New report out today: What is home?

by Nov 9, 2022

Shelton Stat of the Week

77% of Americans say comfort AND safety/security are most important for making a house a home.
What is Home? Report, 2022

I’ve written about this before: Americans feel afraid. That fear is all over our data, it’s all over the news, it’s lurking behind social media posts and it’s driving responses at the ballot box. And that fear is changing the way we think about our homes.

That’s the key insight behind our latest free report, out today, called What is Home?

Long before the pandemic, we saw in our regular surveying of Americans that indoor air quality (IAQ) and comfort were the real drivers of home improvement (mixed in, of course, with a desire for beauty/improved aesthetics). And, not surprisingly, through the pandemic we saw IAQ take on increased importance.

What IS surprising, though, is that safety and security aren’t just important – they’re the primary way we define comfort. In other words, we can’t feel comfortable in a home if we don’t feel safe and secure in it. And one of the primary ways we feel safe and secure is – wait for it – through IAQ measures (“a space free of chemicals and allergens” to be specific).

We now see our homes as havens that should provide the protections we’re seeking from all the real-life Boogeymen lurking in the world, and keep us safe from both the things we can see and the things we can’t.

This creates a real opportunity for builders of high-performance homes and the makers of products that go in them. Reframe your thinking from “safety = security systems” to “safety = security systems AND healthy air AND tight envelopes AND climate resilience.” Lead with those benefits as you market your products. And tie your corporate branding to this theme as well – so beyond what your products do to create a comfortable, safe, secure home, talk about what your company is doing to create a comfortable, safe, secure employee base, community and world.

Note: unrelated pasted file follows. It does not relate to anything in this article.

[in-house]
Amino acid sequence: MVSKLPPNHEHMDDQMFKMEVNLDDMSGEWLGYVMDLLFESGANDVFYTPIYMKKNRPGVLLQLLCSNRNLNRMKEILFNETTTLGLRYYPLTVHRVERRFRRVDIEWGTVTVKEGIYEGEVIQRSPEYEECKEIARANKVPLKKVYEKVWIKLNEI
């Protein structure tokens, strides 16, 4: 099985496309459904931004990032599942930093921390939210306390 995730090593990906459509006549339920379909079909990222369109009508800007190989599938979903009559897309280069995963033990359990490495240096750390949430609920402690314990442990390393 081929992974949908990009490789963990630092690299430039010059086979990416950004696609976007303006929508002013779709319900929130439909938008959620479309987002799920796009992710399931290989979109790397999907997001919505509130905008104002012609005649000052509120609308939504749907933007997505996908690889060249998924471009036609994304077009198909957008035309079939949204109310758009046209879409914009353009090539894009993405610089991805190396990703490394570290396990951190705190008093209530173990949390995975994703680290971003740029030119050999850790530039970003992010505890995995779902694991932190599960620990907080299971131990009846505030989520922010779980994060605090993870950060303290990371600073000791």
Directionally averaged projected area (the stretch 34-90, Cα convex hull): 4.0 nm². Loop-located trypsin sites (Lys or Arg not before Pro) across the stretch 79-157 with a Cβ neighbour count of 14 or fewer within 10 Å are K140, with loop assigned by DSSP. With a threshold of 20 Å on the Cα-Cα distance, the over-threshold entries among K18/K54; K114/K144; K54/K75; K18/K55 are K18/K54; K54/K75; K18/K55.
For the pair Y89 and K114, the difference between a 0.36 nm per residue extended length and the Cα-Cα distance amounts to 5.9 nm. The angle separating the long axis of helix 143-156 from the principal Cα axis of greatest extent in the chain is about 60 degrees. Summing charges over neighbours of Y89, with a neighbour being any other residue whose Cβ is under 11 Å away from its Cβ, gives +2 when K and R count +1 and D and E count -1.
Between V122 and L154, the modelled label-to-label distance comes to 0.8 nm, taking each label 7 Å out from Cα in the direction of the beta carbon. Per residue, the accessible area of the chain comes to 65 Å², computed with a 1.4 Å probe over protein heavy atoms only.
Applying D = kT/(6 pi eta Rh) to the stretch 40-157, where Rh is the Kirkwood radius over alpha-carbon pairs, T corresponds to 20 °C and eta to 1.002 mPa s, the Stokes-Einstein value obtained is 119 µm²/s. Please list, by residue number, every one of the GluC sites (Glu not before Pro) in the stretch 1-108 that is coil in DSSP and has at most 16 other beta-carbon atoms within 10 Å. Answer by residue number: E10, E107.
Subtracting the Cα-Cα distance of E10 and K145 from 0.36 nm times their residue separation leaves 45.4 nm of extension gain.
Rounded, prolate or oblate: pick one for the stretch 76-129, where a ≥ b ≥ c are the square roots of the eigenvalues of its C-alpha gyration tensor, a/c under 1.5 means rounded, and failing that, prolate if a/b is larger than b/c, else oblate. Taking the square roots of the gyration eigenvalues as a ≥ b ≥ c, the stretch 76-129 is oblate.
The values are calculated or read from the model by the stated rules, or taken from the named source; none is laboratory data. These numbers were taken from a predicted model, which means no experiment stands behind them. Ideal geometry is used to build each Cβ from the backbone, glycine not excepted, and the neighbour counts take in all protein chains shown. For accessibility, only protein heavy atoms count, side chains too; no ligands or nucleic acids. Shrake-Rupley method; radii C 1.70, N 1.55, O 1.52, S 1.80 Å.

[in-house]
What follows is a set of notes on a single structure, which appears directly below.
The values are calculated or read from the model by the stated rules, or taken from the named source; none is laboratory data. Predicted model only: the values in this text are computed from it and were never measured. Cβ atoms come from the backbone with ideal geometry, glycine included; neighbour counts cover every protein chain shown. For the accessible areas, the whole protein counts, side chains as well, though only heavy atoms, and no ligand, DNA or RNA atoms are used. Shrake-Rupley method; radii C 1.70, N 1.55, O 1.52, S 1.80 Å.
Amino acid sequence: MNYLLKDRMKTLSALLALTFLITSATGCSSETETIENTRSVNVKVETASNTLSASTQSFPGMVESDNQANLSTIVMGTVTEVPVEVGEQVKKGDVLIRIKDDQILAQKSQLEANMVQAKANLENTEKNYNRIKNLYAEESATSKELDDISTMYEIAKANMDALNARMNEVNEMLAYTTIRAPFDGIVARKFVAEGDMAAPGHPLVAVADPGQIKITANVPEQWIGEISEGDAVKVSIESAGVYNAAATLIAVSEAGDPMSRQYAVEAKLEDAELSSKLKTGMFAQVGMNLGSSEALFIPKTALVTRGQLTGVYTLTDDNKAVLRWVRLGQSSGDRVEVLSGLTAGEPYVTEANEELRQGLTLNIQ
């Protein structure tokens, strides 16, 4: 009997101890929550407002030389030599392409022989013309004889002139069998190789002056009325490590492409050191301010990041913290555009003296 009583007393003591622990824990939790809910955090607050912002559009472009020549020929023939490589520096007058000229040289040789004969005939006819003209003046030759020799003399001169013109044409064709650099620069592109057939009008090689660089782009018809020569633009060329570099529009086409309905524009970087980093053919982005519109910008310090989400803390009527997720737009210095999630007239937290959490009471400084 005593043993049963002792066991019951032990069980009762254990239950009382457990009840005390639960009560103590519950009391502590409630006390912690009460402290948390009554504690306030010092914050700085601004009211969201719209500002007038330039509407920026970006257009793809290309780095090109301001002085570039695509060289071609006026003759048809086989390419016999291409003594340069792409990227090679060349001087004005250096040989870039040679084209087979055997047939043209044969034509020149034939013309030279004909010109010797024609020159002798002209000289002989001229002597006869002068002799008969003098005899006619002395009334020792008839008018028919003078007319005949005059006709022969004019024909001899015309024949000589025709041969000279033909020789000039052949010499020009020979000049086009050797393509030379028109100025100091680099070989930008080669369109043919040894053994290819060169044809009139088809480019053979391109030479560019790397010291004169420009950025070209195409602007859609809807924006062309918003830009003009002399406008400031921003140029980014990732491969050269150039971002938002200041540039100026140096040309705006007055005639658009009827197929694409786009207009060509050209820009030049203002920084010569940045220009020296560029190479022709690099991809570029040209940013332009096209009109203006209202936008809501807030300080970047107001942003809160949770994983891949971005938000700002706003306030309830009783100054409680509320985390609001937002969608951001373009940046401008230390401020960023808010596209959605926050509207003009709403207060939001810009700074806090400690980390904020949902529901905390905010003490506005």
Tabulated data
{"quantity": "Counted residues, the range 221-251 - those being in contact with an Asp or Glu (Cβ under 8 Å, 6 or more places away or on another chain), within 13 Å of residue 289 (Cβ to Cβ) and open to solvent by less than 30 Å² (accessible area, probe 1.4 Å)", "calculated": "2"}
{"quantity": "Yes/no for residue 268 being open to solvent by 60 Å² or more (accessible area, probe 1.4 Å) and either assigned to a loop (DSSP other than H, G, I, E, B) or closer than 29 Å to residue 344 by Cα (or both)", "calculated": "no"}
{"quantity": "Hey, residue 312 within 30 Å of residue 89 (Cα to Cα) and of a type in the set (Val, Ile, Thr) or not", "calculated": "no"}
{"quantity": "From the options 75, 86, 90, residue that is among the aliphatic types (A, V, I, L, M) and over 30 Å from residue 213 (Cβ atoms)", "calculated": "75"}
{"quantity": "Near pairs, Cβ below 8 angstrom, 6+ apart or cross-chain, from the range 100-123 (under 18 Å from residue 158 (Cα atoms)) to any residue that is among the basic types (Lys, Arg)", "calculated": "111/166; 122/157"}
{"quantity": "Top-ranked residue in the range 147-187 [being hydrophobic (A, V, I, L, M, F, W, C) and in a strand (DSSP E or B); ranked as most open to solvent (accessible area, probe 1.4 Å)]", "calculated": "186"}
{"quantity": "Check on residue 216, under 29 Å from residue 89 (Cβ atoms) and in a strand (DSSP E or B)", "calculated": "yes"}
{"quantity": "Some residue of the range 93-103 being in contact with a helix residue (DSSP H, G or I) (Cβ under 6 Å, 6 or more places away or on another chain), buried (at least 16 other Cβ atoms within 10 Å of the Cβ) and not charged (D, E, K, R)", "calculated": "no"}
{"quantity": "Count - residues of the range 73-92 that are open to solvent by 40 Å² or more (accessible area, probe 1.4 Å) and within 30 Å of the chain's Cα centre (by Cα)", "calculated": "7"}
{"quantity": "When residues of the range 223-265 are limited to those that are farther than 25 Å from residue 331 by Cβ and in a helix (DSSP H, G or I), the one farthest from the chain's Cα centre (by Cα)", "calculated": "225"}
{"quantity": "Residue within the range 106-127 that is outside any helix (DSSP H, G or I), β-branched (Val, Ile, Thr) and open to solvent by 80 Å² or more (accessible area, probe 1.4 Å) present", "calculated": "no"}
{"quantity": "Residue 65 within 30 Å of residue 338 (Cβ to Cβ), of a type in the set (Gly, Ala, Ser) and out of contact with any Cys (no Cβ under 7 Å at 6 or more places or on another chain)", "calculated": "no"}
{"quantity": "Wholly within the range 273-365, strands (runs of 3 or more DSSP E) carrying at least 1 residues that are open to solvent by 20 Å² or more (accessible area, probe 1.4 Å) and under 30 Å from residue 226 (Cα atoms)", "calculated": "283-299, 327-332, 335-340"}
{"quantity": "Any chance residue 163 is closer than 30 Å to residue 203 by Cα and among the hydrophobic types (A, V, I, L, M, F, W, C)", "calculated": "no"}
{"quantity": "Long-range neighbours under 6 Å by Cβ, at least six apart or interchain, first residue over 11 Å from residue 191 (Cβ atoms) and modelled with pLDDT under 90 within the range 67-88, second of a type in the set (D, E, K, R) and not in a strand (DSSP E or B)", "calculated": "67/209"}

We’re all looking for leaders to help us believe it’s all going to be okay. Be that leader – it’s a win for everyone.

Learn more by downloading our new report, which is absolutely free, here.

News of the Week
White House needs to address sustainability in hunger crisis

The Biden-Harris administration advances equity and opportunity for Black Americans and communities across the country
— The White House

A major obstacle to addressing home indoor air quality and comfort is the cost of energy-efficient upgrades. This press release from The White House explains the tax credits for efficient appliance upgrades recently signed into law among many other important initiatives to help establish equity for Black communities.

Read more…

Behavior change is essential to address the climate emergency

Our buildings are making us sick
Vox

Bad indoor air quality can cause numerous health problems. This Vox article offers an example of the health problems that can arise and what we can do to address them.

Read more…

What Is Home? – Why security is joining comfort as one of the strongest drivers for home upgrades

Across the U.S., we’ve historically prioritized comfort in our homes. But the pandemic has changed what comfort means to us.

It’s even affected how we think about safety and security! (Hint: it’s not primarily about security systems.) Businesses in the residential building sector that don’t understand these changes risk losing touch with their key audiences.

Our latest free report explores the new intersection of comfort, safety and health at home — and the implications for your brand’s messaging strategy.

Don’t miss this opportunity to deepen your emotional connection with consumers. After all, “home is where the heart is.”

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About the Author

Suzanne Shelton

Where Suzanne sees opportunity, you can bet results will follow. Drawing on her extensive knowledge of both the advertising world and the energy and environment arena, Suzanne provides unparalleled strategic insights to our clients and to audiences around North America. Suzanne is a guest columnist in multiple publications and websites, such as GreenBiz, and she speaks at around 20 conferences a year, including Sustainable Brands, Fortune Brainstorm E and Green Build.

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